In this example, eight bytes (or 128/16=8) must therefore be programmed into EEPROM 2. But it should be understood that the storage in EEPROM 2 could be done in any fashion, since the operating system 4 cooperating with the data processing means CPU handles the reconstruction in RAM 3 of the full exact key, which can be called d″, during its utilization. This reconstruction, in the example described, is done simply by substituting the correct bytes O′1 through O′8 for the erroneous bytes O1 through O8.
It is clear that the knowledge of one the keys, either d or d′, by any means whatsoever, particularly by means of the aforementioned fraudulent “dumping” operations, would not make it possible to deduce the “full secret,” i.e., the full correct key d″.
As has been mentioned, in order to obtain good security, the keys are generally long, for example 128 bytes or 1024 bits as indicated above. The method according to the invention, in addition to the degree of security it provides, makes it possible to store in EEPROM 2 only a very small fraction of the full key d, i.e. 8 bytes or 64 bits. Only this key fraction should be “probe” written by the chip manufacturer, which is an important advantage, since this operation is long and costly.
It should be understood that many other configurations of the distribution of the key between two types of memory, ROM 1 and EEPROM 2, are possible. The two byte strings need only correspond one-to-one. However, the expert must make sure that this distribution does not allow the knowledge of one of the two partial keys, d (having the same length as the full correct key d″, but partly “altered”) or d′, to make it possible, by means of mathematical or other methods, to deduce the full key from this partial knowledge. The distribution just described in reference to
In an additional variant of the method of the invention, in order to further increase the degree of security obtained, the storage in ROM 1 of an additional piece of informational data is provided, making it possible to guarantee the integrity of the secret key d, and hence to maintain the integrity of the memories ROM 1 and EEPROM 2 over time. This piece of data can take the form of checksum calculated on the secret key. This piece of data can also be obtained by means of a hash function, or “hash” of this same key. To do this, in the latter case, an algorithm of the type known as “SHA-1” is advantageously used. This particular algorithm must therefore be installed in the smart card. The result of this hash function has a length of 160 bits. The initial operation for obtaining said key is concomitant with the storage of the key d in the ROM 1.
The checksum or the hash is executed with each utilization of the secret key and compared to the piece of informational data stored in the memory ROM 1.
The piece of data H is stored in ROM 1 and verified with each utilization of the key in order to maintain the integrity of the storage areas ROM 1 and EEPROM 2. This verification is done under the control of the data processing means CPU and programs stored in the memory.
Up to this point in the description, it has been assumed, at least implicitly, that the secret data distributed between the two physically distinct parts of the memory M constitute one and the same secret.
In an additional variant of the method of the invention, the secret data stored in ROM 1 can constitute a first secret. Second secret data, derived from the first secret data, can constitute a second secret. This data, according to one of the characteristics of the invention, is then stored in a second physically distinct part of the memory M, for example in EEPROM 2. This data can advantageously be obtained by encrypting the first data using any appropriate algorithm, whether symmetric or not. The secret may be considered to be correctly “split” or “divided,” in the sense of the method according to the invention, when it cannot be deduced from the knowledge of just one part of the memory M.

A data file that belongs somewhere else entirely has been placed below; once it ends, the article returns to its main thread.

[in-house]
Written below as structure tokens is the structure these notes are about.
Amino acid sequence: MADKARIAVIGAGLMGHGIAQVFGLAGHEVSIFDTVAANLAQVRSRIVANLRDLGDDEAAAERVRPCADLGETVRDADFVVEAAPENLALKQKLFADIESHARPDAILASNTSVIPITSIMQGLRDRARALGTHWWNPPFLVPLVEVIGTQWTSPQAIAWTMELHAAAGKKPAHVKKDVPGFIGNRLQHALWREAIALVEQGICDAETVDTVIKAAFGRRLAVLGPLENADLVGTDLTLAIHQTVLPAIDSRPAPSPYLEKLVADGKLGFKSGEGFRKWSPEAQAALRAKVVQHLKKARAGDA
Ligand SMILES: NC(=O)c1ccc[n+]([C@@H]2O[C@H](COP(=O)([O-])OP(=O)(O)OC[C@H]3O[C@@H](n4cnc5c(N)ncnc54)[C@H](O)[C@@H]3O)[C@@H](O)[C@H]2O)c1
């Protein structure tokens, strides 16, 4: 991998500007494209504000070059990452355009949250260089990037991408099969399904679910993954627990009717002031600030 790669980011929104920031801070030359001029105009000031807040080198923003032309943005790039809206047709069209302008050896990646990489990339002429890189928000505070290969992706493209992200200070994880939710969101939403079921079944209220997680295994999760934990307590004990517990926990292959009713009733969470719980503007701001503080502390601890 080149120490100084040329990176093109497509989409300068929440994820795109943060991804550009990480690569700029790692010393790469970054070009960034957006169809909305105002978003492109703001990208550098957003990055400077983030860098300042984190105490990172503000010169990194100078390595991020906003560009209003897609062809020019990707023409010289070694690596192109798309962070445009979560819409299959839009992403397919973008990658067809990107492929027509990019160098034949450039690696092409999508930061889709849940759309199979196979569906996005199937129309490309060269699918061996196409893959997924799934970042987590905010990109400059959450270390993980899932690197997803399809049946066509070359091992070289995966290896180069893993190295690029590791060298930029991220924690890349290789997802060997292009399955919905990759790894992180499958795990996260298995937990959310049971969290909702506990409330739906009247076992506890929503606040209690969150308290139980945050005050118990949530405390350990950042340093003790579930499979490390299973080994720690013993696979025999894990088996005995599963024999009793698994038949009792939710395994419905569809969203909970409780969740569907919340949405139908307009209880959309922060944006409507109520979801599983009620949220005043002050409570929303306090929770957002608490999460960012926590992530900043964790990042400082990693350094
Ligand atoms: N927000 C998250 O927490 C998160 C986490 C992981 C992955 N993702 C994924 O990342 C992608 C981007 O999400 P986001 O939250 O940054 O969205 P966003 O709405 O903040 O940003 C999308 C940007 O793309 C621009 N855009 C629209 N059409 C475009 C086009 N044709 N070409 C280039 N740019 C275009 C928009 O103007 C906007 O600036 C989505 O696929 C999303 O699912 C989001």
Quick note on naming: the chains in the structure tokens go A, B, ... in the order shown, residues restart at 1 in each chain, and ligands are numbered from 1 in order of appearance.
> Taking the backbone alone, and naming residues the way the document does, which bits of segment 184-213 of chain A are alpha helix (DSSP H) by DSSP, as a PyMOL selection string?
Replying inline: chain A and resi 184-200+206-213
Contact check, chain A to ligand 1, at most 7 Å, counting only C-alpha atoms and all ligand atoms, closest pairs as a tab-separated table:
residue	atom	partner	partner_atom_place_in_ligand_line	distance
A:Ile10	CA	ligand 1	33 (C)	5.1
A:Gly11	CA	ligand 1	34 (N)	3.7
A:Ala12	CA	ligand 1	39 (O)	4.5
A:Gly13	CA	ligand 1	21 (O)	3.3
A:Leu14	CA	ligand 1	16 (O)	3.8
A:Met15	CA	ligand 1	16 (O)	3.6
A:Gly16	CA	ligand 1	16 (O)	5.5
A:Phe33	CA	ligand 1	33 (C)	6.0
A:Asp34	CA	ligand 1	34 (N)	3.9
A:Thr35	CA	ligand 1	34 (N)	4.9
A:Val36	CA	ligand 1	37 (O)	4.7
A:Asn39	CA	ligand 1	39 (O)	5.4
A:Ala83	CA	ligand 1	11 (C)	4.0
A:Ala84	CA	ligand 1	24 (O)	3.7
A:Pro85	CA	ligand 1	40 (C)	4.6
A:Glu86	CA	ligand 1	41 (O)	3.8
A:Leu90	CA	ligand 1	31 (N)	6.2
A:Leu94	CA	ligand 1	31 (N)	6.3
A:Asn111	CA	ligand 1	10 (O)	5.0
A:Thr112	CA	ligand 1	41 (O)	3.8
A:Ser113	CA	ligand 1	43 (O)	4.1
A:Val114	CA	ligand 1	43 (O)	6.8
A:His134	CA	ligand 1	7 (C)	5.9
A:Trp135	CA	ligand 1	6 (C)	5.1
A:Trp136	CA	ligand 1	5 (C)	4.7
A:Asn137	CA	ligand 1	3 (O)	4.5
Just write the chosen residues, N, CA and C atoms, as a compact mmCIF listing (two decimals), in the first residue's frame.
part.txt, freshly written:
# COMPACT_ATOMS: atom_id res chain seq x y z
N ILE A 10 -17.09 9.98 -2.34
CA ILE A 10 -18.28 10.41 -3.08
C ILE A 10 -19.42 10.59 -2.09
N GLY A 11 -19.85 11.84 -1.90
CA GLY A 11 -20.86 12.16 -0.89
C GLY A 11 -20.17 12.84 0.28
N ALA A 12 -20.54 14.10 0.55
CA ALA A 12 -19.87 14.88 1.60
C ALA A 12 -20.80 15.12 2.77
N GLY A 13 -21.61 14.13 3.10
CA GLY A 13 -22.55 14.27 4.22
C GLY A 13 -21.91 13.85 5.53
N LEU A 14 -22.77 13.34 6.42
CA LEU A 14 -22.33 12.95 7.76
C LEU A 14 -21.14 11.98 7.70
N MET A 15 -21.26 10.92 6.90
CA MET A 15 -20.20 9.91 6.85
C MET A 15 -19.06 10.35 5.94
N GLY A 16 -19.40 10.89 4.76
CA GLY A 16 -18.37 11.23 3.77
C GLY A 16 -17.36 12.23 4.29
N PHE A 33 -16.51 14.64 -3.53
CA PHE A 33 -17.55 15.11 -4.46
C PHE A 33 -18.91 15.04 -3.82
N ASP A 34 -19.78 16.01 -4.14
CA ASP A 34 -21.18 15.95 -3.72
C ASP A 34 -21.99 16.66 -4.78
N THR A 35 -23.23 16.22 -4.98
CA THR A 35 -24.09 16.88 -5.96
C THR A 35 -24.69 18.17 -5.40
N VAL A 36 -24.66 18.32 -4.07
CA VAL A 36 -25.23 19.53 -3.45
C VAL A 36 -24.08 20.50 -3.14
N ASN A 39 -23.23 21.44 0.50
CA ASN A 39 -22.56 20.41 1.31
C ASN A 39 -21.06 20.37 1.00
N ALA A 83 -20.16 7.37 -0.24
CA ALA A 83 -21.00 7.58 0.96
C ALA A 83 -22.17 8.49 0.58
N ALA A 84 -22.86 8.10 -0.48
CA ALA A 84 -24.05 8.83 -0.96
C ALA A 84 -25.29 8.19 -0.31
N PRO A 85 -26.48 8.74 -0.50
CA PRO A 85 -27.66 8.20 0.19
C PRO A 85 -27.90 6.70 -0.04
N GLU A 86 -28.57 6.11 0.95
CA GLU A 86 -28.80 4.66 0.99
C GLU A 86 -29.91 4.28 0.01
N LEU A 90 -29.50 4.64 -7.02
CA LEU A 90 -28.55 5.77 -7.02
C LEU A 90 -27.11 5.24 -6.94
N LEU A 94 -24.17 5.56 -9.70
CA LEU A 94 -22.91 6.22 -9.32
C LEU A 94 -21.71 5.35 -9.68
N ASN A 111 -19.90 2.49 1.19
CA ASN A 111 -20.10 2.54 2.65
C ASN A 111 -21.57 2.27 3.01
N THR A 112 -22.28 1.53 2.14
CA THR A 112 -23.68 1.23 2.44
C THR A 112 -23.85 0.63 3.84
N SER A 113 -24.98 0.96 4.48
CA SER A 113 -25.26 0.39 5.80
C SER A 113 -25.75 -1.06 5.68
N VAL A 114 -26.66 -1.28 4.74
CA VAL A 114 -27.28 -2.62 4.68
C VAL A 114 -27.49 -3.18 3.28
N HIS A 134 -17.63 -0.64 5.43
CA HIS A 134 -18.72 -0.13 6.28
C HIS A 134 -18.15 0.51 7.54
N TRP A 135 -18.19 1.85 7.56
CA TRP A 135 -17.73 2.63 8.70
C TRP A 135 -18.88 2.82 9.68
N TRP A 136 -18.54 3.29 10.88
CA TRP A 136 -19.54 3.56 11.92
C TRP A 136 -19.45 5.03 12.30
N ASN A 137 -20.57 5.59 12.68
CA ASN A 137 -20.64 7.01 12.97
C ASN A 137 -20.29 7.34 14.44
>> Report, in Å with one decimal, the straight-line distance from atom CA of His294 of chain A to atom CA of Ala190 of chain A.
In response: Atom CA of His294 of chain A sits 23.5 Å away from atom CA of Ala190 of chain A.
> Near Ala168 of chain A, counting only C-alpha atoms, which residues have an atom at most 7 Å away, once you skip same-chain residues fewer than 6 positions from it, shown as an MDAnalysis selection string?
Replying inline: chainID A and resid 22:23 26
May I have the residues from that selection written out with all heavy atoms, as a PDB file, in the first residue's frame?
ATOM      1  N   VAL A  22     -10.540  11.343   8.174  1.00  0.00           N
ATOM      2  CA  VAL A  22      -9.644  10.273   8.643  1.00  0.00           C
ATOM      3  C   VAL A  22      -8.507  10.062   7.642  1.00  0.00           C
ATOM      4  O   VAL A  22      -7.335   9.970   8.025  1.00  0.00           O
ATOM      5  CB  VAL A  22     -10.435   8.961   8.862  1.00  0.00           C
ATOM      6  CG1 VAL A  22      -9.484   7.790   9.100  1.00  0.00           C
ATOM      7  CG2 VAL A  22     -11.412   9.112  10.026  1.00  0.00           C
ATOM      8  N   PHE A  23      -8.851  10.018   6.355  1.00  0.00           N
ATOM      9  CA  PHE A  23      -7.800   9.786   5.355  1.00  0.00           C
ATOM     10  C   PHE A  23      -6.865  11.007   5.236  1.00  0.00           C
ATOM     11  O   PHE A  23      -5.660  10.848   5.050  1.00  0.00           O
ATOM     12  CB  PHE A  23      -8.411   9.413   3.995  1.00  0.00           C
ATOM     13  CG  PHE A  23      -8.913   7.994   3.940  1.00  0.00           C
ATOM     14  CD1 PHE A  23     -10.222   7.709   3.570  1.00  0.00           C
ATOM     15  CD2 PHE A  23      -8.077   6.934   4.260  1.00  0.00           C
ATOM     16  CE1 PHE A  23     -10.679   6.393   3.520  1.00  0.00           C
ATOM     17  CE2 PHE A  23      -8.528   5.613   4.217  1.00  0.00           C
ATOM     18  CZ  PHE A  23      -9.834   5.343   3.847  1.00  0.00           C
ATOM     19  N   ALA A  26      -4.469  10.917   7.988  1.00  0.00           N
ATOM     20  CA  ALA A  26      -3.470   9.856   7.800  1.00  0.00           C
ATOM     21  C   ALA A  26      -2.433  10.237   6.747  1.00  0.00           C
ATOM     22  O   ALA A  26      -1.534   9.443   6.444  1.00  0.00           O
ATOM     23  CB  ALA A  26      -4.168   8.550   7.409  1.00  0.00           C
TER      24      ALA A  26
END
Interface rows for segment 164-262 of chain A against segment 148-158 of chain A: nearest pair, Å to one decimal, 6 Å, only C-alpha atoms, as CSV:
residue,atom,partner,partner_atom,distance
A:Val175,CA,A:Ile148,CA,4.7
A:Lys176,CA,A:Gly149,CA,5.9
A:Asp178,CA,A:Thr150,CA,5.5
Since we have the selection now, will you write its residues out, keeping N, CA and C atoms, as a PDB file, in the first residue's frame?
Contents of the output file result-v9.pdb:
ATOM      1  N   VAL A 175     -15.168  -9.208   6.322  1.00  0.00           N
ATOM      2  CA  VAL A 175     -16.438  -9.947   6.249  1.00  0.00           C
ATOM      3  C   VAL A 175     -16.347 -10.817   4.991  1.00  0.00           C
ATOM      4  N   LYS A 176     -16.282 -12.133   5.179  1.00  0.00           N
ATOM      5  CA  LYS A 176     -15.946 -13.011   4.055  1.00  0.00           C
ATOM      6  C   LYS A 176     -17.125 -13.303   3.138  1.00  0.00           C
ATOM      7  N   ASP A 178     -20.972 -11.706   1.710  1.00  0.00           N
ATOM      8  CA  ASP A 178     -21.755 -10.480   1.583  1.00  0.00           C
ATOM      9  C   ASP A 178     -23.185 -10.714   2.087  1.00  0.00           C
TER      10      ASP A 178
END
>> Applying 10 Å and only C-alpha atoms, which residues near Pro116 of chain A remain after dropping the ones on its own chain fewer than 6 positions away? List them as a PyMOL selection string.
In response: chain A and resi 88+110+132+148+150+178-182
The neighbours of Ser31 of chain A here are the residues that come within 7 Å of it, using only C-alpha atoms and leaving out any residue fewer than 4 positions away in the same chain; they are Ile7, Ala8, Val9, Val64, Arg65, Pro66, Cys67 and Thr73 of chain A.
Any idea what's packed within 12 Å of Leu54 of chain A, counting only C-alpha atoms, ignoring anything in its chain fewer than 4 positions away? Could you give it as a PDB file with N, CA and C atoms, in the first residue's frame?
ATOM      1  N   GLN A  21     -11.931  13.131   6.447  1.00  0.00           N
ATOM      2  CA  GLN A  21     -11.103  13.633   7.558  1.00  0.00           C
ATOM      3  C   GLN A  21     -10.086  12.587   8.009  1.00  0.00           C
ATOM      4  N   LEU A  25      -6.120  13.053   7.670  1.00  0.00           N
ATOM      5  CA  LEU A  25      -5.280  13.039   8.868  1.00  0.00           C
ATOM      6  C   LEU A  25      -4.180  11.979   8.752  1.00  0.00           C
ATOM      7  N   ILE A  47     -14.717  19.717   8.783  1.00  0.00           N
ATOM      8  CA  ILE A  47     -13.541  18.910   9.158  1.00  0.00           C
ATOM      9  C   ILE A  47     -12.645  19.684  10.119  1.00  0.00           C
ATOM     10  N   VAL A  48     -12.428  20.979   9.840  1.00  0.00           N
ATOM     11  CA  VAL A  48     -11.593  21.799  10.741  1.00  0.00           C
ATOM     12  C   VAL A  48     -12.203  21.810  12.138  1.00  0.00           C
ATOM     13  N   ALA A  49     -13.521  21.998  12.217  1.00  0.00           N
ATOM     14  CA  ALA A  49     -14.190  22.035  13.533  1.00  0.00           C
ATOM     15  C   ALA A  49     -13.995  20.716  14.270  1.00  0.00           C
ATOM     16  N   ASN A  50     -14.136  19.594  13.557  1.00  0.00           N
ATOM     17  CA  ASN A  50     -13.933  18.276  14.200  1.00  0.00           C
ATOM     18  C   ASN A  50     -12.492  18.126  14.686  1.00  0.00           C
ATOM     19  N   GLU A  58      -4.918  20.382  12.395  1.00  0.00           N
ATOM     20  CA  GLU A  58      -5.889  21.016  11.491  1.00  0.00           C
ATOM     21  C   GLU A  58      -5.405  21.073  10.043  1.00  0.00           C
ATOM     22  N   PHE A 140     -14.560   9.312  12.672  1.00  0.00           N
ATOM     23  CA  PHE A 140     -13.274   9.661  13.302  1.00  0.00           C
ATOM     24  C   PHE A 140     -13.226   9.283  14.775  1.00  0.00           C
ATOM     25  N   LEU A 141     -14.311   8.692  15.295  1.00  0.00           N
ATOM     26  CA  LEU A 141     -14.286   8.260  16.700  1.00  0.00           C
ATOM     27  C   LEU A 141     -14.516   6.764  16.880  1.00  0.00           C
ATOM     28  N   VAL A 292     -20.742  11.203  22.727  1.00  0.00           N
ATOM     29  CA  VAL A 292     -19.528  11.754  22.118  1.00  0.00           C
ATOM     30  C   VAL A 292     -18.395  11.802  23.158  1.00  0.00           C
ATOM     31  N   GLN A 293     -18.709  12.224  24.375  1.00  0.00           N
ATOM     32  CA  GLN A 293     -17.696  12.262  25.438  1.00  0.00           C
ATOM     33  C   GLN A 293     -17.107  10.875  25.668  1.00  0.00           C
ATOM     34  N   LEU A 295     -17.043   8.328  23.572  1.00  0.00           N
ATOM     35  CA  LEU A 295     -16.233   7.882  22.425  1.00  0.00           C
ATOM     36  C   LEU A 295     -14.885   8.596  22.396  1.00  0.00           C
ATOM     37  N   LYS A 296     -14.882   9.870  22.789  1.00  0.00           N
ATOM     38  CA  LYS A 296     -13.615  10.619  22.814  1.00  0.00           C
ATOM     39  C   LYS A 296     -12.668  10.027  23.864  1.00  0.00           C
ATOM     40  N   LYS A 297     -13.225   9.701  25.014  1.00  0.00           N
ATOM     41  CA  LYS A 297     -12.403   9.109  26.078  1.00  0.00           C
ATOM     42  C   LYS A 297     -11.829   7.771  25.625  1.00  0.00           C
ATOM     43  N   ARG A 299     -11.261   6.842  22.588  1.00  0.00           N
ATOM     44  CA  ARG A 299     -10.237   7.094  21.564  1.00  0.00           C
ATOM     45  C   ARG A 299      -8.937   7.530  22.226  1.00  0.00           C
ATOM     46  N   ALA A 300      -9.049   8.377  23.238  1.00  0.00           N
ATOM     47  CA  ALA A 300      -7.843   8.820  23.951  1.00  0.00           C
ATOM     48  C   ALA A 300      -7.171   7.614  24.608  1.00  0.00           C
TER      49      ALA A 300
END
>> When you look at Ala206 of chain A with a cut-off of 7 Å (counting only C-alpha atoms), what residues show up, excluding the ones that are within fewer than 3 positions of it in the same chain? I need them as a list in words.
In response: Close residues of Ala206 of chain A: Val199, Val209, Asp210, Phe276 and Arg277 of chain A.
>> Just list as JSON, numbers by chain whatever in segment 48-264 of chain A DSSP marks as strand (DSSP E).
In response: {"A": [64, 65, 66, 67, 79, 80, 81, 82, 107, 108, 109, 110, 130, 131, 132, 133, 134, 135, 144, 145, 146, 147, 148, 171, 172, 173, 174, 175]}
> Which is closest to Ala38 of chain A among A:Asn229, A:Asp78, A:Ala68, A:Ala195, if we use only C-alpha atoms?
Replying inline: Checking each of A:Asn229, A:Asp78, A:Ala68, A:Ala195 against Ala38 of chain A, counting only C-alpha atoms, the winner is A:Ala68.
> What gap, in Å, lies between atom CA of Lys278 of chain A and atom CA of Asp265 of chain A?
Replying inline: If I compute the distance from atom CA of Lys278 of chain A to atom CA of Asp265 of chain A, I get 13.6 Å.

Through the reading of the above, it is easy to see that the invention achieves the stated objects.
It offers a high degree of security for the storage of sensitive data, such as keys or the like, by physically distributing them into at least two physically distinct parts of the memory of a smart card, and more generally of an embedded microchip system.
It must be clear, however, that the invention is not limited to just the exemplary embodiments explicitly described, particularly in relation to
In particular, it is possible to distribute the secret data into more than two physically distinct memory parts. Likewise, when the distributed data do not represent one and the same secret, the number of secrets derived from the first can be greater than one. It is also possible to derive cascading secrets and store them separately in physically distinct memory parts.
Nor is the invention limited to the authentication application in the preinitialization phase of a smart card that has been described in greater detail. It is applicable any time an encryption key or any other piece of sensitive data must be stored in the memory of an embedded system.
While this invention has been described in conjunction with specific embodiments thereof, it is evident that many alternatives, modifications and variations will be apparent to those skilled in the art. Accordingly, the preferred embodiments of the invention as set forth herein, are intended to be illustrative, not limiting. Various changes may be made without departing from the true spirit and full scope of the invention as set forth herein and defined in the claims.
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|U.S. Classification||713/189, 713/193, 713/194, 726/26|
|International Classification||G06F12/14, H04L9/10, G06K19/07, G07F7/10, G06K19/073, G06K19/10|
|Cooperative Classification||G07F7/1008, G07F7/082, G06Q20/341|
|European Classification||G07F7/08A2B, G06Q20/341, G07F7/10D|
|5 Feb 2002||AS||Assignment|
Owner name: BULL CP8, FRANCE
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|8 Feb 2002||AS||Assignment|
Owner name: BULL CP8, FRANCE
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Owner name: BULL CP8, FRANCE
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Effective date: 20000620
|24 Feb 2004||AS||Assignment|
Owner name: CP8 TECHNOLOGIES, FRANCE